Sheila Sellers taught me to live life

Published 12:00 am Thursday, February 17, 2005

The first time I met her, I thought to myself "who is this short woman and why is she so loud?"

It was during Sheriff Diane Harris' first run for office way back in the 1990's.

As it turned out, she was Sheila Sellers.

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Over the next several years, I got to know Sheila while covering the sheriff's office.

She was always quick with a smile and a "Hey, Jay," and generally if I felt down about anything, she could perk me up.

When I took the editor's job here at the Advocate, one of the first people I called was Sheila.

And for the last

18 months, about every three weeks, she would give me a call. It was always a good natured call telling me how she liked something I had written in this space or a story I had covered.

We would chat for a few minutes and I'd find myself laughing.

When I got extremely sick in December 2003 and was hospitalized with a high fever, Sheila was quick to call and check on me.

She often referred to me by saying, "that's our boy."

The last time I saw her was just before the Greenville Christmas parade.

She was bundled up for the cold and was anxious to throw some toys from her mini-van as part of the Butler County Sheriff's Auxiliary.

I was initially in the vehicle with her and Mattie Neese but then decided I would switch over to the Sheriff's vehicle.

While waiting for the parade to start she mentioned she would be throwing out some small toys here and there and I laughed as she and the sheriff argued that it should only be candy.

It was never clear who won the argument but I'm pretty sure that some children along the parade route got some little toys.

That was Sheila, bucking the system, doing what she thought was best.

That's a good way to live your life I guess.

So after sending the paper to press this past Tuesday night, I went to my parents' in Midway for a quick bite of dinner and to watch American Idol.

I had not told anyone where I was going and when the phone rings, Mom said it was Greenville News calling.

A chill went up my spine because I knew for someone here to pull out my parents' number, they desperately needed to get with me.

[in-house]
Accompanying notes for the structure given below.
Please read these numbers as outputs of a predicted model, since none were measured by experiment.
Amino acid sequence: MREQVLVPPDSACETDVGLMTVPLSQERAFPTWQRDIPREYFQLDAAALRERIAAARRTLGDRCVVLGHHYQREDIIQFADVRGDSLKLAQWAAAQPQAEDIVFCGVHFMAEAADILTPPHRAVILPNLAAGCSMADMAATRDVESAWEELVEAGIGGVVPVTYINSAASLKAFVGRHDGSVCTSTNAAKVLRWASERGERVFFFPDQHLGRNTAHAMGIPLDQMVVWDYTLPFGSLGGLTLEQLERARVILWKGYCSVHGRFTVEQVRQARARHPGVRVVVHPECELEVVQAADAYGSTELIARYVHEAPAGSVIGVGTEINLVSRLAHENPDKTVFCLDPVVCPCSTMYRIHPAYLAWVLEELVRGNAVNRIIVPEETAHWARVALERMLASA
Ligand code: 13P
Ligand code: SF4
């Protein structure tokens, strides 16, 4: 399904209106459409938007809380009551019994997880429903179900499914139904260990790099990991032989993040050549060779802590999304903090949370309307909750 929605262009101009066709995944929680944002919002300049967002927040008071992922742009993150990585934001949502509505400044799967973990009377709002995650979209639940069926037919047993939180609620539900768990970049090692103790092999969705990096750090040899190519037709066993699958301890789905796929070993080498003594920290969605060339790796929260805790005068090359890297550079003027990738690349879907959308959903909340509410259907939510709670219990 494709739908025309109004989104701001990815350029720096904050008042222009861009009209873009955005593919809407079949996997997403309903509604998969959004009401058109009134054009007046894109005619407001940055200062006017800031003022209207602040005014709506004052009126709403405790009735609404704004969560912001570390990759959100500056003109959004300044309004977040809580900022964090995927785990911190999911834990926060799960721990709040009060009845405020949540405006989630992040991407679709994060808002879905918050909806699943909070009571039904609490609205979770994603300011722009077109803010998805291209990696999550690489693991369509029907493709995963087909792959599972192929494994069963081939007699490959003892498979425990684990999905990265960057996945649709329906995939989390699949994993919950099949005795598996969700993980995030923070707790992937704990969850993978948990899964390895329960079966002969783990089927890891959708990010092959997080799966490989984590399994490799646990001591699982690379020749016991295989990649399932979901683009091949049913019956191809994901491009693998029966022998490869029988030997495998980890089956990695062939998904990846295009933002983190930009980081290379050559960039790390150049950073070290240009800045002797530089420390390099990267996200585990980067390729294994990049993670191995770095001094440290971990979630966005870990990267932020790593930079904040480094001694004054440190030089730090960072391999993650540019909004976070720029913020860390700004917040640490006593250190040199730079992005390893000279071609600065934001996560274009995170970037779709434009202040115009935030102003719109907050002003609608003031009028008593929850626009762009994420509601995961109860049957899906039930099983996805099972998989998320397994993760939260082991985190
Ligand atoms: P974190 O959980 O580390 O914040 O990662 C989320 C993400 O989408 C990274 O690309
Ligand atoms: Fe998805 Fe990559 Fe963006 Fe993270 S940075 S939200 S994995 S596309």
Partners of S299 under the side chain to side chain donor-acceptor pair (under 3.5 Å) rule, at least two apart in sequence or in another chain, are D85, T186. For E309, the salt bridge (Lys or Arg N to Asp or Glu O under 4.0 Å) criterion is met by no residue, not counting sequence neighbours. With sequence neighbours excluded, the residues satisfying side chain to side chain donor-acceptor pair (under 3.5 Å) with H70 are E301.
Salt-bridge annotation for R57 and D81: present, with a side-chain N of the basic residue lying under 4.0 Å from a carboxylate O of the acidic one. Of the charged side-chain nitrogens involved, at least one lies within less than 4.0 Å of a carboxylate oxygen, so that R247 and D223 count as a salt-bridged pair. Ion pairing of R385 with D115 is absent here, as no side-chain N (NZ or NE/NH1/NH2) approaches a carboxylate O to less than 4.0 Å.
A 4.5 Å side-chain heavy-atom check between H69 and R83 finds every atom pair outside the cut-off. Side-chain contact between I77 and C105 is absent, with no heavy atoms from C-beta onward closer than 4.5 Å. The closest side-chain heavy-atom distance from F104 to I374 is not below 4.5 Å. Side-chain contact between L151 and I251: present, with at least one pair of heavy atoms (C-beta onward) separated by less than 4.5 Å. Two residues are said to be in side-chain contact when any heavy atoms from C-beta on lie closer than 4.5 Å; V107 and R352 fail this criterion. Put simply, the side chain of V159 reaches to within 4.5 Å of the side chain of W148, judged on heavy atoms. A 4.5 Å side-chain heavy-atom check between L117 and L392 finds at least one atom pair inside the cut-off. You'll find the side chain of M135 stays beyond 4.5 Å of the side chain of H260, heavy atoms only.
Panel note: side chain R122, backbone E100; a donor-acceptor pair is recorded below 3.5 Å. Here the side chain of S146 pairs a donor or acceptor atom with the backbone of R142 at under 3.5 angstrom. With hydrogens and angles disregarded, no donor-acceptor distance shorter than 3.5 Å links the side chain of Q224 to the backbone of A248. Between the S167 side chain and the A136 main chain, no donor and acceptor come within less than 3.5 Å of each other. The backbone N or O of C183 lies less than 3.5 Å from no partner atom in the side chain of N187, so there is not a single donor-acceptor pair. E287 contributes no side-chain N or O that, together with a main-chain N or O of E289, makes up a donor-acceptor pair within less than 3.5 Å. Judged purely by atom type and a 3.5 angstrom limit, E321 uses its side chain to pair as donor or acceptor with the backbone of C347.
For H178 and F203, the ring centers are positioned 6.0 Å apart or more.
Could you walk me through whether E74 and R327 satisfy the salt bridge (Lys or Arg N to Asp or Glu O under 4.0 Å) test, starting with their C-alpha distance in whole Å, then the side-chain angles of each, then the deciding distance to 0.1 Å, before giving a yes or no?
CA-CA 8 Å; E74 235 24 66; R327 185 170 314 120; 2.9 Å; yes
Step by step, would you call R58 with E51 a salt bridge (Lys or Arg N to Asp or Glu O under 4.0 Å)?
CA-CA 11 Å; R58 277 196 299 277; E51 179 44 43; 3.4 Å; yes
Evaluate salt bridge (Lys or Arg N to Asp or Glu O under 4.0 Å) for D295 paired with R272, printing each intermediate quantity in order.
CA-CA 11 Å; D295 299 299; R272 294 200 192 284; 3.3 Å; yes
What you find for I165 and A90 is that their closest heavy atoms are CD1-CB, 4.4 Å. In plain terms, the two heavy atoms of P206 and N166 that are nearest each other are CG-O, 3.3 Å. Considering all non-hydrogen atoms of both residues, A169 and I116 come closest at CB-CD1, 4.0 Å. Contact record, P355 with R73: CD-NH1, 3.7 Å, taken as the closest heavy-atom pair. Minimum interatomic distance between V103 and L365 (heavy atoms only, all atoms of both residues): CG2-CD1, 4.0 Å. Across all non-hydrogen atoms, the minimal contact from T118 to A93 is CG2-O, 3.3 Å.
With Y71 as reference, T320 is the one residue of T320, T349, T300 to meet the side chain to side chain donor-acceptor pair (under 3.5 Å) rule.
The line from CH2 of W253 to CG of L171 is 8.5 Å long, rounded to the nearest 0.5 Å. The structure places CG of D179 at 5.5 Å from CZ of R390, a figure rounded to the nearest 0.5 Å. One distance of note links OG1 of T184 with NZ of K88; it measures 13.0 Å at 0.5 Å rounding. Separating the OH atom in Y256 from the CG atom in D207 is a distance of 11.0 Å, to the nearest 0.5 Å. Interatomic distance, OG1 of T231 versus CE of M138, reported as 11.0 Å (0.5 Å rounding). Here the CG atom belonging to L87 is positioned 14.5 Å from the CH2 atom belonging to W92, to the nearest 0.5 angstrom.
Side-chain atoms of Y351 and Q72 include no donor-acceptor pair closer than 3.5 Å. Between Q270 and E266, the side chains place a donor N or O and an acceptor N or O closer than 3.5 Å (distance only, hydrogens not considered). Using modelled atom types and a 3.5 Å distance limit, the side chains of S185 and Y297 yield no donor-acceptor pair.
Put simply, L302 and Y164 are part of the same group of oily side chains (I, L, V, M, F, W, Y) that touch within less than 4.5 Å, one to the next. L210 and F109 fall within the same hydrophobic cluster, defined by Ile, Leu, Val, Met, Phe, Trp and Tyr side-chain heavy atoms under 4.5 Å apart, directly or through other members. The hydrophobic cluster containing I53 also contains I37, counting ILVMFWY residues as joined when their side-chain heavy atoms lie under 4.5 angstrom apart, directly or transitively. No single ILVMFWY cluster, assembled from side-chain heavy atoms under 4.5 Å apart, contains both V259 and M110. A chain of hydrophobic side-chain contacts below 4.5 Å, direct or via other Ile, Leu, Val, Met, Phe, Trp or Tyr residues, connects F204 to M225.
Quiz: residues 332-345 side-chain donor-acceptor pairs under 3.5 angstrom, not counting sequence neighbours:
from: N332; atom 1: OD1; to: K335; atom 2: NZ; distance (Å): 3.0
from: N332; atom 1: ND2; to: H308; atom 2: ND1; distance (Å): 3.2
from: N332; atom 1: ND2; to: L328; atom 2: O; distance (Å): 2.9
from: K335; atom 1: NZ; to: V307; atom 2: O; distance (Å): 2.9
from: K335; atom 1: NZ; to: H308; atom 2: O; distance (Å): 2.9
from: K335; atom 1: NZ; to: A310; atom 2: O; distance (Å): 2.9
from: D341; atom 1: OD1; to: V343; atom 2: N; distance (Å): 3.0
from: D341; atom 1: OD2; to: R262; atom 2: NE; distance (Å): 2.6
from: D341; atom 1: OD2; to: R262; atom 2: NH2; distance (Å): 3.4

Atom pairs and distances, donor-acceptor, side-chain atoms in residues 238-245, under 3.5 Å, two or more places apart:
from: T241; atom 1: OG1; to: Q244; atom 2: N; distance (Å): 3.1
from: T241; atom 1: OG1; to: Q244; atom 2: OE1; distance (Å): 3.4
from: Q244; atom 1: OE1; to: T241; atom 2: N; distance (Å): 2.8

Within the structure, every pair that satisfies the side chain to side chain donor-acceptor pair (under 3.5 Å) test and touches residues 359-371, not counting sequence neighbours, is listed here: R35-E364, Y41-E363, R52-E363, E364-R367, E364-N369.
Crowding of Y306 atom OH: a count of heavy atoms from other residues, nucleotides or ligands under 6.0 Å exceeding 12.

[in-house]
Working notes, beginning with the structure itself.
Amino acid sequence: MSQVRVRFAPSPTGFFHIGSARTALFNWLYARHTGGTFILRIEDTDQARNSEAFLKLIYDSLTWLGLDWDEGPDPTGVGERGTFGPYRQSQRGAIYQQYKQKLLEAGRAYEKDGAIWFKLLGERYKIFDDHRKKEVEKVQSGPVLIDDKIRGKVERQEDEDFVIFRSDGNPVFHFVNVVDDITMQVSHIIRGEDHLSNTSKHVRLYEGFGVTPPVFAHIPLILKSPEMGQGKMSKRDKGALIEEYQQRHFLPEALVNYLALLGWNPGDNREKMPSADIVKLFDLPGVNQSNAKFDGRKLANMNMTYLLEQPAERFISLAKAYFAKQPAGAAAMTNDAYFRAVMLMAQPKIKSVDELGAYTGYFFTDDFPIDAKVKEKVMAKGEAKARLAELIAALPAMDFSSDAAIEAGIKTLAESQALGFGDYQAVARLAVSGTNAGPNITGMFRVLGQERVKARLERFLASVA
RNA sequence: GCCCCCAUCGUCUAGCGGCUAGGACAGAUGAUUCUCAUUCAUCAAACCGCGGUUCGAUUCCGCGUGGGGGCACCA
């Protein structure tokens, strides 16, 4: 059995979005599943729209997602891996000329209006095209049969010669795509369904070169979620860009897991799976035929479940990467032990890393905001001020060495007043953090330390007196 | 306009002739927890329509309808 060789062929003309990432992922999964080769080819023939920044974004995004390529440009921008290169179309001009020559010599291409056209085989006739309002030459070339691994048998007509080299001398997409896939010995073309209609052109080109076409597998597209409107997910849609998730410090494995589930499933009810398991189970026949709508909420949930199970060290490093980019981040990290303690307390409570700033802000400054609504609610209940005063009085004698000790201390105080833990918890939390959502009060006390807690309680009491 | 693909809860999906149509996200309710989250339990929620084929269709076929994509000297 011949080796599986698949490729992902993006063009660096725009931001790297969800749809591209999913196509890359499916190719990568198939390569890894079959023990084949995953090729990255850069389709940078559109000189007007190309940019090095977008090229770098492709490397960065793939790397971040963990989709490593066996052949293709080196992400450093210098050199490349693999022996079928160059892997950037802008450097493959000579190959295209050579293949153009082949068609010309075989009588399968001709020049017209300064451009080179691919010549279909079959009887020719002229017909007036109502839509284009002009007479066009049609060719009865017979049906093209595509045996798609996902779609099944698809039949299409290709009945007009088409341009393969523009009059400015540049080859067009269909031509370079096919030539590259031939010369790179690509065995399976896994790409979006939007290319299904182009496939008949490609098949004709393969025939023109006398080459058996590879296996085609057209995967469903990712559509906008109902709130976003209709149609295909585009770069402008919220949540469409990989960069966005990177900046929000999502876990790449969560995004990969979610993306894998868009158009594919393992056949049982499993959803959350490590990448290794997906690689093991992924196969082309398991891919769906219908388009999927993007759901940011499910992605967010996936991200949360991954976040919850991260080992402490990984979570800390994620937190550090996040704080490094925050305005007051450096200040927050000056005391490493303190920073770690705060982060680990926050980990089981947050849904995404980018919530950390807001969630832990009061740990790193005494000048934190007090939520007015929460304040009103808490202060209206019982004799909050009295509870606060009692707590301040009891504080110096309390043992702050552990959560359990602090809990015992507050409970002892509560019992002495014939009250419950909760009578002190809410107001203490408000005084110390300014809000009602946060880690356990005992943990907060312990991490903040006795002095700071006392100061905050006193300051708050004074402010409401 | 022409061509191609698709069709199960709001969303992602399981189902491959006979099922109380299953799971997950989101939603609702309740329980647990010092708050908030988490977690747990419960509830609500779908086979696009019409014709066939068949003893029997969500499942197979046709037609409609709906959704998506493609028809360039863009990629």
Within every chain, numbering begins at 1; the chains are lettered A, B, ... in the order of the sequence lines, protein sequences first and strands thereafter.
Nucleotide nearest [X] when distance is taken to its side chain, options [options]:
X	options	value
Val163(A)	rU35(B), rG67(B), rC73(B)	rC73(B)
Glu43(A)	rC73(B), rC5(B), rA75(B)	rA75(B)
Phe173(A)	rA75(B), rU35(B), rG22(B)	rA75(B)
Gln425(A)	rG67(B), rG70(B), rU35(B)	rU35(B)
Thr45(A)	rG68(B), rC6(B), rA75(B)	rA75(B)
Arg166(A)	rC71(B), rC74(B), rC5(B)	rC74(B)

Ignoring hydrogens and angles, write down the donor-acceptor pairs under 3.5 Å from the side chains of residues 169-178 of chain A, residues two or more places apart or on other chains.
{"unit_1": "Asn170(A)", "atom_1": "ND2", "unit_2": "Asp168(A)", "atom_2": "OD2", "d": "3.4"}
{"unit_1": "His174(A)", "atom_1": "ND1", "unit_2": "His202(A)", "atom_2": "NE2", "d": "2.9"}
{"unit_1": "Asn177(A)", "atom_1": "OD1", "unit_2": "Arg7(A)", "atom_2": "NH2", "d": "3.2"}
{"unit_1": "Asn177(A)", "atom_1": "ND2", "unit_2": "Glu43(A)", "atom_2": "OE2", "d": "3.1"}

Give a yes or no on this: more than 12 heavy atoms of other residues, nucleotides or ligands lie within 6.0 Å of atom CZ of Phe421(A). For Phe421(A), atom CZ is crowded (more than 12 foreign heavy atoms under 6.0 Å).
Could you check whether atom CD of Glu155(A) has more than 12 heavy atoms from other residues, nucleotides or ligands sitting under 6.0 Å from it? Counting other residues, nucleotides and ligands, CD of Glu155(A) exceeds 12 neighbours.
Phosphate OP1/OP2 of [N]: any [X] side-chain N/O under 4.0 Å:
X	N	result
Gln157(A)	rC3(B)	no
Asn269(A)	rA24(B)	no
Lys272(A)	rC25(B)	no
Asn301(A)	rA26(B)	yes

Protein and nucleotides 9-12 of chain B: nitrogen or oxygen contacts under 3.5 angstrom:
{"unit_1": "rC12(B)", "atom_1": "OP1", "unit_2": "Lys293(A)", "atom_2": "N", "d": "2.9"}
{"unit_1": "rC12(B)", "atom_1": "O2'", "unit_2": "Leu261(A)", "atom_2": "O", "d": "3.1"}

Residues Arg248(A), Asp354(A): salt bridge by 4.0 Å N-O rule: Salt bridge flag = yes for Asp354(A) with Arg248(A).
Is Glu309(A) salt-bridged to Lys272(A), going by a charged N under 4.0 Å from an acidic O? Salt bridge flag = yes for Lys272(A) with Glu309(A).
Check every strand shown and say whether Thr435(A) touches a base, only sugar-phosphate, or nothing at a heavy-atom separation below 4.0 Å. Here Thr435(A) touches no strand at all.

As it turns out, it was Mary Tatum and she told me that Sheila had died in a collision not far from her home.

I simply sat down and kept repeating, "Oh my God." My immediate thoughts went to Sheriff Harris, her deputies and the members fo the Sheriff's Auxiliary.

They all relied on this short, loud woman for so much and their biggest cheerleader is know longer with us.

On the drive to town, I realized that I had lost a very dear friend myself.

So when I got to finally see the sheriff in the Winn-Dixie parking lot on Wednesday, I hugged her tight for she had lost her dearest friend.

What a lesson in courage, determination, patience, and love that Sheila taught me without her ever realizing it.

No matter what she came against, she fought it. Through all her trials she never gave up. She reminded me of the little engine that said, "I think I can, I think I can, I can."  

She never lost her coolŠ.her perseverance.  She kept her sense of humor and loved to laugh. The smile on her face and the twinkle in her eyes made sunshine in your soul.

So after reading this and when you say your prayers tonight, remember Sheila's entire family. And remember, families aren't always those that we are akin to by blood.

And please spare a thought and prayer for Sheila as well.

I know I will see this woman again one day and I know that her smile will be one of the first I see in Heaven.

Rest in peace, my dear, sweet, loud short friend…from your boy!

Jay Thomas is managing editor of the Greenville Advocate and can be reached at 382-3111, ext. 136 or via email at